the difference between the Athenians and the Spartans. Students will journey through India discovering
their contributions to medicine, moving on to Africa to follow the rise and fall of the ancient east African
kingdoms of Kush and Axum. Throughout the centuries, and still today, our world is made up of dozens
of different cultures. They all are different, and they all have made big contributions to what we know
and who we are.
MS CivicsHISTORYLearning about civics gives students the skills and knowledge necessary to be active citizens who have a
positive impact on their communities. In this course, students discover the rights and responsibilities of
citizenship in the United States. They learn about the structure of the government and how it works at
the local, state, and federal levels. This course examines elections, the lawmaking process, and how
citizens can impact public policy. Students also discover ways the United States interacts with countries
around the world. Geography and economics support the learning of civics in this course. Engaging in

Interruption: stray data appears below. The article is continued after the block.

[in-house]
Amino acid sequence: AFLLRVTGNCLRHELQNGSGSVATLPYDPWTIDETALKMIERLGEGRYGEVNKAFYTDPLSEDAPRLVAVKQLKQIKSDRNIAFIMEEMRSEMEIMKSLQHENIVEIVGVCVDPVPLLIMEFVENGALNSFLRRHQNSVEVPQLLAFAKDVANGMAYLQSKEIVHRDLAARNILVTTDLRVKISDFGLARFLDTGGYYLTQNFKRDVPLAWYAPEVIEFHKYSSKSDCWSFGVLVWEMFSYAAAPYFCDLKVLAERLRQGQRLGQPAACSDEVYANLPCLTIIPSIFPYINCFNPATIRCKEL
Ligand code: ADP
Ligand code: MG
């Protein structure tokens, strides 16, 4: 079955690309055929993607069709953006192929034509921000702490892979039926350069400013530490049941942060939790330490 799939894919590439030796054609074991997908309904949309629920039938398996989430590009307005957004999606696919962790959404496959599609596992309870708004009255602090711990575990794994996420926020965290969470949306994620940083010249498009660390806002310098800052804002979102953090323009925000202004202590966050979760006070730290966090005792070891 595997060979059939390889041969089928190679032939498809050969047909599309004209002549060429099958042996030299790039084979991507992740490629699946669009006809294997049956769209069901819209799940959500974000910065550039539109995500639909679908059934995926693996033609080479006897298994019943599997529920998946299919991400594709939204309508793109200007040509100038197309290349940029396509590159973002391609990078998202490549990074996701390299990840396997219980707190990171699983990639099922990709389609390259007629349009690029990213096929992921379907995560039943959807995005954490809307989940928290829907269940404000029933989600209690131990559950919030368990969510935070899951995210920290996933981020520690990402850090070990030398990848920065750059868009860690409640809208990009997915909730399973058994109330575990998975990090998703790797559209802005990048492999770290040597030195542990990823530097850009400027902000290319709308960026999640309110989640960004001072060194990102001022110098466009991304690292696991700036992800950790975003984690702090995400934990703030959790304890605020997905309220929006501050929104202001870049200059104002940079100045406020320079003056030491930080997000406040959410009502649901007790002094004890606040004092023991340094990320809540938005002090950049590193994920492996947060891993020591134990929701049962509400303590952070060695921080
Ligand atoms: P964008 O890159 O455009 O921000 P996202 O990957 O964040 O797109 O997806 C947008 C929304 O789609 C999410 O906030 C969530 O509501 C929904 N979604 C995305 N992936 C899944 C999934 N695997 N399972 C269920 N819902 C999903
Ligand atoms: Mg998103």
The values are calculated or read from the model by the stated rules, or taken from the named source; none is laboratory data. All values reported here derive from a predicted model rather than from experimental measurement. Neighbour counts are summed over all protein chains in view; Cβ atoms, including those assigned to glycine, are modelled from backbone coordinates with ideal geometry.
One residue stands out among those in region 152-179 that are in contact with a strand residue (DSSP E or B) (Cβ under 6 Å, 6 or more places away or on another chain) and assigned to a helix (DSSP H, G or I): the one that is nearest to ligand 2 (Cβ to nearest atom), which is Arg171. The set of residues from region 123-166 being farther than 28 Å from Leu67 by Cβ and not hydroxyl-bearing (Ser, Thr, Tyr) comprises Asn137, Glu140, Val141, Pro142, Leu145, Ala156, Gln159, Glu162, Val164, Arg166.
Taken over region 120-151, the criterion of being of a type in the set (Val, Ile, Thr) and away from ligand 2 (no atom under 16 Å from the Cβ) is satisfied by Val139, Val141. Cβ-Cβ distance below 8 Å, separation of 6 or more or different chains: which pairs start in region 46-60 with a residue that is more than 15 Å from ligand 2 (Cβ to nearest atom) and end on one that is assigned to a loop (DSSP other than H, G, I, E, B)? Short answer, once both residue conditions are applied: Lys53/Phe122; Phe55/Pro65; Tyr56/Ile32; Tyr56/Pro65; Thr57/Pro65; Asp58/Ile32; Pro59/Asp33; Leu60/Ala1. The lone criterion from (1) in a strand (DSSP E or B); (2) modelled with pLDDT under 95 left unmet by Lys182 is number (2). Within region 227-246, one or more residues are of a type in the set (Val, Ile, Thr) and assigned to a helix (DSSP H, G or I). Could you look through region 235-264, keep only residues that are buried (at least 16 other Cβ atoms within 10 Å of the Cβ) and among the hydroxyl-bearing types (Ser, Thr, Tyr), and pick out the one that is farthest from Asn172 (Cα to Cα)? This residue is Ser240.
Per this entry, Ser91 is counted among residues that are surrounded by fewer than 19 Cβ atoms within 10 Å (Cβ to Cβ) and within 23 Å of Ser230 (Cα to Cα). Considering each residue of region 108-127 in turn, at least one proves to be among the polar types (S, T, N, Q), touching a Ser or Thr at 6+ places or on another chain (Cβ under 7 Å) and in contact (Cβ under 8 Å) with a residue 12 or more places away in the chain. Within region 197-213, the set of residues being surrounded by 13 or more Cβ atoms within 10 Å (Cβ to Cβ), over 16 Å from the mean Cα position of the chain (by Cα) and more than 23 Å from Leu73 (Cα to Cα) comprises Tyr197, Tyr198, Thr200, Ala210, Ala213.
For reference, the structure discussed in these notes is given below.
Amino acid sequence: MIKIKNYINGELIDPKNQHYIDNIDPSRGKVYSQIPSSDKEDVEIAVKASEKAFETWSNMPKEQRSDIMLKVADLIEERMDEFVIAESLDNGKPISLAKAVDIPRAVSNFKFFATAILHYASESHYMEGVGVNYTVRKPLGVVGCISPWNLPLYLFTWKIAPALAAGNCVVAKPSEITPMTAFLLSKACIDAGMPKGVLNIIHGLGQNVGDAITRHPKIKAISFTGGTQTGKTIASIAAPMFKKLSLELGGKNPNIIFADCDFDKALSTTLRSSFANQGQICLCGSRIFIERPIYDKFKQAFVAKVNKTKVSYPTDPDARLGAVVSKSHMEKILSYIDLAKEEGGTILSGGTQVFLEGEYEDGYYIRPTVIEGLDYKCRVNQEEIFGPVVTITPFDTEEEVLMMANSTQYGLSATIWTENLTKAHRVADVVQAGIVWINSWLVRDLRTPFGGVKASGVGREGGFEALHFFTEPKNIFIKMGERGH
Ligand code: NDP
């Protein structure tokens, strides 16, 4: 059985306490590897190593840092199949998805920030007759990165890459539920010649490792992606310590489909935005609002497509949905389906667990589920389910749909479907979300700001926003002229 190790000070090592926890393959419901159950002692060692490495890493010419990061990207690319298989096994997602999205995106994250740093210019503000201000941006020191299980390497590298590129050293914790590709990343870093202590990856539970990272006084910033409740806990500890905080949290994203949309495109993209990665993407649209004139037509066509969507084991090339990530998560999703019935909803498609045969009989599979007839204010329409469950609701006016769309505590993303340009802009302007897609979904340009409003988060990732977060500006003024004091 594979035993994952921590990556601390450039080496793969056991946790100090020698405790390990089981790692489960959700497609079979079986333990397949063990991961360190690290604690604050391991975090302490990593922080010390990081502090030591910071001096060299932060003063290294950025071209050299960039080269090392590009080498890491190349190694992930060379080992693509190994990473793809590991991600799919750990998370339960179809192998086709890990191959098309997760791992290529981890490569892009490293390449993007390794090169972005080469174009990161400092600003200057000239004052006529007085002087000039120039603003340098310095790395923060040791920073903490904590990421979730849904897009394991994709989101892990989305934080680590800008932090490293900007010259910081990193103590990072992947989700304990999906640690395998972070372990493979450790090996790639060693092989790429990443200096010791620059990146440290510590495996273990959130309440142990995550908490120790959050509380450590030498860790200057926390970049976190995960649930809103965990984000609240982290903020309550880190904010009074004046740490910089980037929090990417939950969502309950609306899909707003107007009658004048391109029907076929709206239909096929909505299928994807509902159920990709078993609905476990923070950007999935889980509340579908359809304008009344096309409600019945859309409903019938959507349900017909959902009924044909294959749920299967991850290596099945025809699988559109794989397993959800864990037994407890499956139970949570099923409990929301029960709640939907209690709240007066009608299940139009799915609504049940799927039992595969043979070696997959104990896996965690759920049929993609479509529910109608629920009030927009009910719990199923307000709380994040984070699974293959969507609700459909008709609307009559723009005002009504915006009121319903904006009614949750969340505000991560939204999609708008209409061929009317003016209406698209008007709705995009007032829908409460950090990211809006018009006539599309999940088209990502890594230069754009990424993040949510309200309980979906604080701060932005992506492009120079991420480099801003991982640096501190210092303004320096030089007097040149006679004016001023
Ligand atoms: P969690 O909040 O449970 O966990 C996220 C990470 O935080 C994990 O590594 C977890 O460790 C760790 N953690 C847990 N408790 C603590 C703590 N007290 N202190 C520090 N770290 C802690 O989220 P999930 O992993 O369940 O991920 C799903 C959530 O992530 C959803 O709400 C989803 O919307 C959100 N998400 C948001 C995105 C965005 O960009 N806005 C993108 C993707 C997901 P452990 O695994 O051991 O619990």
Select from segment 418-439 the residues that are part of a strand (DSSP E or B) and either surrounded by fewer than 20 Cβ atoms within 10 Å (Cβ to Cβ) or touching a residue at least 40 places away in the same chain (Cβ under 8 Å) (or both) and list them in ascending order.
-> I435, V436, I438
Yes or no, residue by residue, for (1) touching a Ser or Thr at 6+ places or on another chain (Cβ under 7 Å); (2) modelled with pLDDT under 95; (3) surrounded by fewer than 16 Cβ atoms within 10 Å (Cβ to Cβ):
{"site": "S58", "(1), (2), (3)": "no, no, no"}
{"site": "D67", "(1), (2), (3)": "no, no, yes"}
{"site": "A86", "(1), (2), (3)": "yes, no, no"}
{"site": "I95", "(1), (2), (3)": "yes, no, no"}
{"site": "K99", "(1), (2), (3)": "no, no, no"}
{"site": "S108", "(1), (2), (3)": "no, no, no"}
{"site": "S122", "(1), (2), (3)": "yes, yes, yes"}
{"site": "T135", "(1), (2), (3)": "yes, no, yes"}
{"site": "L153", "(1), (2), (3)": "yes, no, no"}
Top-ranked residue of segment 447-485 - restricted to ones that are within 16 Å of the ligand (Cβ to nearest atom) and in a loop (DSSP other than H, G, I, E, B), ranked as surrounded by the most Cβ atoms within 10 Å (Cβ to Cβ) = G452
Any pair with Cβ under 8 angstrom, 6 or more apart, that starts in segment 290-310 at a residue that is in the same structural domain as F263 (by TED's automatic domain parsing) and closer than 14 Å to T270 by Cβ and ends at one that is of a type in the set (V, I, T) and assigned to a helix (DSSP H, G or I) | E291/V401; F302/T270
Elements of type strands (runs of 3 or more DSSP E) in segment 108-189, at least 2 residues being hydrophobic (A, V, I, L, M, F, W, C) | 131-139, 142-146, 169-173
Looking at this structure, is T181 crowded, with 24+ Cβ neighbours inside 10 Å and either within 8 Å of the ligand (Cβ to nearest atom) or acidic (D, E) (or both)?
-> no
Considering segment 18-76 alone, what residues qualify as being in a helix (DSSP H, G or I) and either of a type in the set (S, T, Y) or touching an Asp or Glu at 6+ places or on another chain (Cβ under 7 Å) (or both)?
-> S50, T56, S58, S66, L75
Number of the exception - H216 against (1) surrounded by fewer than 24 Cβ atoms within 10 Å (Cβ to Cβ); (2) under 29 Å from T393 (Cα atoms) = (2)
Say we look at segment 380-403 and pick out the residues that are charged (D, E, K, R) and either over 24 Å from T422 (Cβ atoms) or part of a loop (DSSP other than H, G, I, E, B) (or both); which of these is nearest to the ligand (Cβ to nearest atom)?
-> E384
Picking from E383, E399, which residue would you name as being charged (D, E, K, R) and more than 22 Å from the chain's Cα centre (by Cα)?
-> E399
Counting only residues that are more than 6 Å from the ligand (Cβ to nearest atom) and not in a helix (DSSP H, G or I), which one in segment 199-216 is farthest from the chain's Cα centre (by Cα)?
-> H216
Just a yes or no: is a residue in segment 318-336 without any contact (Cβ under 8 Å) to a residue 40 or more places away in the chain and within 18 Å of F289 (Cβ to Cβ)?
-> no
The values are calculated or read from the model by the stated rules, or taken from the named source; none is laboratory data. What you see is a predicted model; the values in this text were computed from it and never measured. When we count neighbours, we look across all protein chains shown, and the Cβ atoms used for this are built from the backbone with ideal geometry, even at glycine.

this study prepares students to be informed citizens who are ready to participate in the American
democracy!

HS Math

Course Name
Course Type
Course Description
Course Credit
AG Accredited (Y/N)
Advanced Algebra w/Financial AppMathThis course walks students through the information needed to make the best decisions with money.
Advanced Algebra with Financial Applications is an advanced course incorporating real-world
applications, collaboration, and calculations using technology. Students learn the formulas used to
determine account balances, monthly payments, total costs, and more. They examine budgeting,
spending, saving, investment, and retirement. Students explore mortgages and other debt structures
and how to make good decisions about borrowing money. This knowledge will propel students into the
future with a good foundation on how to handle finances.
1
Algebra IMathAlgebra I is the foundation—the skills acquired in this course contain the basic knowledge needed for all
future high school math courses. The material covered in this course is important, but everyone can do
it. Anyone can have a good time solving the hundreds of real-world problems algebra can help answer.